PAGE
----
Assessment

NAEP Exclusion Rates Continue To Bedevil Policymakers

By Lynn Olson — May 28, 2003 3 min read
  • Save to favorites
  • Print

The board that sets policy for the National Assessment of Educational Progress continues to grapple with how to report scores for states that exclude large numbers of students from naep because they have disabilities or limited fluency in English.

Results from the assessment’s 2002 reading tests, to be released next month, will not flag the scores of states with relatively high exclusion rates, said Peggy G. Carr, the associate commissioner of the National Center for Education Statistics, the arm of the U.S. Department of Education that administers NAEP. But, she said in an interview last week, the report will provide additional information to help the public interpret the data, where necessary.

In the long term, said Charles E. Smith, the executive director of the National Assessment Governing Board, “a top agenda item” will be how to interpret and communicate information about differences in exclusion rates across states to the general public.

“What’s missing,” he said during the quarterly meeting of NAGB in Kansas City, Mo., held May 15-17, “is a research- based mechanism—widely accepted—by which exclusion rates may be gauged and interpreted. Current methodologies have not yet achieved that goal.”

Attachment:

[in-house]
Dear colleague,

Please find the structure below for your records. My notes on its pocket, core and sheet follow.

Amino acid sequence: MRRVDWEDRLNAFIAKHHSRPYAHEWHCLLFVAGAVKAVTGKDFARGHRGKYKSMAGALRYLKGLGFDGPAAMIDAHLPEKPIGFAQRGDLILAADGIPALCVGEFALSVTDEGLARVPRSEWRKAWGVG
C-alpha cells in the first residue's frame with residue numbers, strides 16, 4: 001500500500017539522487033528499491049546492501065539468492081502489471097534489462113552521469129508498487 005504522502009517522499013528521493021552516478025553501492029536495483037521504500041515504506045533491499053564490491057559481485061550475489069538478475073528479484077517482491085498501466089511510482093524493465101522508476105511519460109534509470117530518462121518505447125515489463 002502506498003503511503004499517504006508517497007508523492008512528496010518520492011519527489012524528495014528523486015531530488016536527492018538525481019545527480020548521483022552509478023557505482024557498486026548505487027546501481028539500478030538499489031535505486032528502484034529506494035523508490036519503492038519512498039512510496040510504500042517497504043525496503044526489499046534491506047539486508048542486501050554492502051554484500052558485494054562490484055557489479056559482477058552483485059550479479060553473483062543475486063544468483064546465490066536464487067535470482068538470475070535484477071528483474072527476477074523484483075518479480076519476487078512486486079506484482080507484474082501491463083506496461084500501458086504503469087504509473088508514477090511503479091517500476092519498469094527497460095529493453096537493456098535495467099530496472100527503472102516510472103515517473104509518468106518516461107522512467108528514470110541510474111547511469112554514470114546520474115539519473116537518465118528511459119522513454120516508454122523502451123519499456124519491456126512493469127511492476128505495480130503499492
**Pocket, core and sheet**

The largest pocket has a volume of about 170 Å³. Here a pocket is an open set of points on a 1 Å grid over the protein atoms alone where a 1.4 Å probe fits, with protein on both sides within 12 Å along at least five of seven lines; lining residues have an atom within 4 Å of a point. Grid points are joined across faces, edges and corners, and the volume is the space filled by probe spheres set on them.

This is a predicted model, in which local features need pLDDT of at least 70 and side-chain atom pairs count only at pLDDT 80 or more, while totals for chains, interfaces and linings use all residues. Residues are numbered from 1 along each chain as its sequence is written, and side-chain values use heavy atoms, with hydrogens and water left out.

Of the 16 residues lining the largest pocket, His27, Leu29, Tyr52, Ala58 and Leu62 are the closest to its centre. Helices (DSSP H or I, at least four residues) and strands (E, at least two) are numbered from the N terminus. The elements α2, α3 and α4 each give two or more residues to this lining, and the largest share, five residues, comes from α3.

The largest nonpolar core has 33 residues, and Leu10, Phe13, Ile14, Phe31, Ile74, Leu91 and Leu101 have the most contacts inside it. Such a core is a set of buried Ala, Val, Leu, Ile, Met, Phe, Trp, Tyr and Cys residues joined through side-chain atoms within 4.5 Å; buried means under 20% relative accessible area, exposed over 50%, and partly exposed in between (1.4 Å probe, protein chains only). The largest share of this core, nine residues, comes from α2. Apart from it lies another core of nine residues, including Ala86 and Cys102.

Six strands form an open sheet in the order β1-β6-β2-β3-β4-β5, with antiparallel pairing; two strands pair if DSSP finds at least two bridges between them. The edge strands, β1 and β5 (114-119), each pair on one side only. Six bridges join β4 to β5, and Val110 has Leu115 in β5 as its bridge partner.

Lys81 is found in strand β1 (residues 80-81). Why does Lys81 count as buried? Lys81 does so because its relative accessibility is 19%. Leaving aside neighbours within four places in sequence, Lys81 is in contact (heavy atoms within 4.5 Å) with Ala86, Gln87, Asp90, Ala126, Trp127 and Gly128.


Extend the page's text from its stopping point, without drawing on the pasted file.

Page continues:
Puzzling Trend

Often called “the nation’s report card,” NAEP is the leading national barometer of what a representative sample of students know and can do in core subjects.

Under NAEP guidelines, schools selected for the sample may exclude certain students with disabilities or limited English proficiency, if officials deem them unable to participate meaningfully in the assessment. For example, students who have not had at least three years of academic instruction in English may be excused from the exam.

Since the mid-1990s, NAEP has offered a wide range of accommodations for those categories of students, such as more test-taking time, in an effort to reduce exclusion rates. Even so, those rates vary widely across states and have been rising in some, for reasons that are not entirely clear. (“NAEP Board Worries States Excluding Too Many From Tests,” March 19, 2003.)

Those increases have elicited concerns about the fairness or validity of comparing results across states with large differences in their exclusion rates.

In the next few weeks, Mr. Smith said, NAGB staff members will be looking for ways to examine the issue “totally separate and apart from any release of NAEP assessment results.”

In addition, the NCES has formed a working group to consider how NAEP could take a more active approach in standardizing local decisions about whether students take part in the tests and what, if any, accommodations they receive.

When it comes to the 2002 reading results, Mr. Smith said, “there is a sense of comfort that every effort has been made by NCES and its staff to properly interpret and to report” the scores.

World History Delayed

During the Kansas City meeting, the board also voted to delay a world history test for 12th graders until 2010 and to move up U.S. history tests in grades 4, 8, and 12 from 2010 to 2006.

The world history test originally was scheduled for 2006. But the board decided it needed more information about world history instruction before moving forward with the design of an assessment. Meanwhile, board members expressed strong support for testing U.S. history, which was last assessed in 2001.